4. “We” aren’t there. Our weapons are there and helping Ukraine fight a battle that we don’t want Putin to win. Putin hasn’t invaded a NATO country yet, but that is in Putin’s plans as it is his goal to control the gaps in Europe that have been used by invaders of the past. That means all of Ukraine must be taken, along with Moldova, the Baltics, and large pieces of Poland, Slovakia and Romania.

    People keep denying that Putin does not want all of Ukraine. They have neglected his statements on the matter as well as the geopolitical considerations.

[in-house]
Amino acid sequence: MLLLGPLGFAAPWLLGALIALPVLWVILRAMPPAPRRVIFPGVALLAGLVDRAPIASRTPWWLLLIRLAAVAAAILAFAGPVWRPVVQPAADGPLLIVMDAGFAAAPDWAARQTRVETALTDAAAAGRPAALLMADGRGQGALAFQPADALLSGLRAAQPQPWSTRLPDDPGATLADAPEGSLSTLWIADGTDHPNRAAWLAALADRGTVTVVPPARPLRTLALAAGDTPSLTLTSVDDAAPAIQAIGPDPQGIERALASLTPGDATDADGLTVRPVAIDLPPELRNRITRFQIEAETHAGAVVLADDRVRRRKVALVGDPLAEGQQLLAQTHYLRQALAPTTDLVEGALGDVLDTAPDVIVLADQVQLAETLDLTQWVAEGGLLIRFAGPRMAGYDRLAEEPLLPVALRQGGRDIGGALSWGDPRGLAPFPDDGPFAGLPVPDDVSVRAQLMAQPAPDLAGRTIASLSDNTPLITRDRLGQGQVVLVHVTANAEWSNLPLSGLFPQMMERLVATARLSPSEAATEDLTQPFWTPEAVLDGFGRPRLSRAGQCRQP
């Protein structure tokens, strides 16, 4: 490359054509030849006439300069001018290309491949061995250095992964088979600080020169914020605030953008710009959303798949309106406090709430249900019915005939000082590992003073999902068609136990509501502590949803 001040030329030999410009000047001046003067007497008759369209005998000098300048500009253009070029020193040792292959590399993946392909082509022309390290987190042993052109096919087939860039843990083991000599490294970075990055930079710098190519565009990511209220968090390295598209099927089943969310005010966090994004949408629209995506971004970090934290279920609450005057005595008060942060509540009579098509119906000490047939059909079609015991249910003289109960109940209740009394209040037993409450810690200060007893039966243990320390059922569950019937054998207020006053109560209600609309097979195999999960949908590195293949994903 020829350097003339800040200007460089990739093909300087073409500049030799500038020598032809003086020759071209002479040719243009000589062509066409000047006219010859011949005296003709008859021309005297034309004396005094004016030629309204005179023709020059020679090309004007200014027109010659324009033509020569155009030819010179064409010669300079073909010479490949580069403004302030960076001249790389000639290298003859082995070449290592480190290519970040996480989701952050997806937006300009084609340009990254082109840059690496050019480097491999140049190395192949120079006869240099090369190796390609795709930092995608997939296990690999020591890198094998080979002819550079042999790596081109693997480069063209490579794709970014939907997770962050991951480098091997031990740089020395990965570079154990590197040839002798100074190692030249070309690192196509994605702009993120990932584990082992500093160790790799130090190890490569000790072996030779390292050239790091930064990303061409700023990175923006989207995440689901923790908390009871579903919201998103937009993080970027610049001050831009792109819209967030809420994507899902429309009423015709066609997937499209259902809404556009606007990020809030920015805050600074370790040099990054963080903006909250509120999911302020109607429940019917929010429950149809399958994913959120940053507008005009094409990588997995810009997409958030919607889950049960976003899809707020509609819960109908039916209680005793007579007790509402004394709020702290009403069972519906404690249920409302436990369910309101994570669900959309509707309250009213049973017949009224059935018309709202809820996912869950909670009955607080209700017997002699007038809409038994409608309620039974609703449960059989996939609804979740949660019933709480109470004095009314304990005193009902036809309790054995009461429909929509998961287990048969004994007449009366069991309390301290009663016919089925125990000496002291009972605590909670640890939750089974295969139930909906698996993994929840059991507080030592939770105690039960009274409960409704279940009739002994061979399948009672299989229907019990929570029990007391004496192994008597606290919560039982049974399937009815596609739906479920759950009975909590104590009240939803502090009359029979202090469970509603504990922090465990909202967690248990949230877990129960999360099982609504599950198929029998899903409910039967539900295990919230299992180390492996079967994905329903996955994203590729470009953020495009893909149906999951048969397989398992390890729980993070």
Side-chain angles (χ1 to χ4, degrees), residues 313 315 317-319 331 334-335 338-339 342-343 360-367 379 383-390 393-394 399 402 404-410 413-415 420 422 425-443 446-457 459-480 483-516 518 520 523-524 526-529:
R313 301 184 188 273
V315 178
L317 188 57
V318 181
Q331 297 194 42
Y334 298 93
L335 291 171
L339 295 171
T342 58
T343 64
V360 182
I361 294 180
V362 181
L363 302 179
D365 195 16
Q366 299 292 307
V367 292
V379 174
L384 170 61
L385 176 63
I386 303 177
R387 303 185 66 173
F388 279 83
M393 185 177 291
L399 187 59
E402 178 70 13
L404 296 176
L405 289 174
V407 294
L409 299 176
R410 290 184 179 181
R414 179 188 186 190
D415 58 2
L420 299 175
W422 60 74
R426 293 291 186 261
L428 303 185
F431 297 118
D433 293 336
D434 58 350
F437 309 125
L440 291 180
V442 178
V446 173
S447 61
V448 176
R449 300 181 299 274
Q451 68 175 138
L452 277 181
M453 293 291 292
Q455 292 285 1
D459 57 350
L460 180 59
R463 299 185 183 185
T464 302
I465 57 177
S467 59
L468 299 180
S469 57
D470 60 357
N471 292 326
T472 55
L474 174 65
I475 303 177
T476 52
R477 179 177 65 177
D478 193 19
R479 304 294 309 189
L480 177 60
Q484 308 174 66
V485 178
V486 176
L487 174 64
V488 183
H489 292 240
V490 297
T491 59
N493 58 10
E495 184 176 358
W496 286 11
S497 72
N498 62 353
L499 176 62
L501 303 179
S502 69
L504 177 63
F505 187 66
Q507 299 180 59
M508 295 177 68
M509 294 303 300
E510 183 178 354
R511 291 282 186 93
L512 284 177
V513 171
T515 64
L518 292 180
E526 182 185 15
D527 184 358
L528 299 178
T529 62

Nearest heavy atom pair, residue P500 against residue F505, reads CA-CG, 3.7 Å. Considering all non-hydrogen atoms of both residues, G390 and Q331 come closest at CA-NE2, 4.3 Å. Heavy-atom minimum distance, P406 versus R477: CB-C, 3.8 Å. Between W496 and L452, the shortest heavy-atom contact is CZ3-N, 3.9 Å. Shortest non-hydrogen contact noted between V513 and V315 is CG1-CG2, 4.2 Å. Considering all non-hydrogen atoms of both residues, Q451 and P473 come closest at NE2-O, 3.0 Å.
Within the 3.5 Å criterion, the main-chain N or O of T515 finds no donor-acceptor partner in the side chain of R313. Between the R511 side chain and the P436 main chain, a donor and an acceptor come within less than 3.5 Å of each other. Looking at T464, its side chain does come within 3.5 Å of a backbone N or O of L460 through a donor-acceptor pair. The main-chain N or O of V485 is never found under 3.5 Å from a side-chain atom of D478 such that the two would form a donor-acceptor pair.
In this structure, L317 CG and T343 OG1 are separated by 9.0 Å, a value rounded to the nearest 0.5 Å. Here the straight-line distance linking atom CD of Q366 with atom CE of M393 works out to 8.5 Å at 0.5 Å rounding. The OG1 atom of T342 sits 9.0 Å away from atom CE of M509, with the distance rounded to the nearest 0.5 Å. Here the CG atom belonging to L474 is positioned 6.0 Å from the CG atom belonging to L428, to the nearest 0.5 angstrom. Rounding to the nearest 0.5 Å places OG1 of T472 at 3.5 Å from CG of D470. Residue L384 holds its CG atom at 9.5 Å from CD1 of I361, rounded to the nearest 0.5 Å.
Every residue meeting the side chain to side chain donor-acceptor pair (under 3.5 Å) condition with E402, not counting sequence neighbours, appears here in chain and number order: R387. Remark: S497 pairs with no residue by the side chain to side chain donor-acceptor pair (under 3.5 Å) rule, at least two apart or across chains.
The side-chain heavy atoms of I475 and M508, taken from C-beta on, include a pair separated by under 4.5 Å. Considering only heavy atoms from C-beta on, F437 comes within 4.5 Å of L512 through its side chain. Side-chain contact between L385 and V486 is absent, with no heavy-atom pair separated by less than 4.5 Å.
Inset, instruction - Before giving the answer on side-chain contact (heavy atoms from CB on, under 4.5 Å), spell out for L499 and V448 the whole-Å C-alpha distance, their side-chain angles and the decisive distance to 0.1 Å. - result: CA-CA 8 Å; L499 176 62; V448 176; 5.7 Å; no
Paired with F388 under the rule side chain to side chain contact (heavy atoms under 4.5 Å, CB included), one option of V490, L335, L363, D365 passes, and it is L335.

1. This war has shown Russia is incapable of taking on NATO. They had to already know that looking at the recent performance of Russia and NATO in Syria, Iraq, Afghanistan, ect.

    2. I think you are kidding yourself if you don’t think there are U.S. military personnel in Ukraine, right now, assisting the Ukrainian military in everything from training to surveillance and intelligence.

      1. Richard M
        And helping them rain bombs on civilians in the Donbass, as they have done since 2014.

        1. Is that supposed to be a serious rebuttal. Looks to me like one of the consequences of US involvement is weapons with much more accurate bomb placement – meaning less raining of bombs on civilians, more raining of bombs on Russian military targets.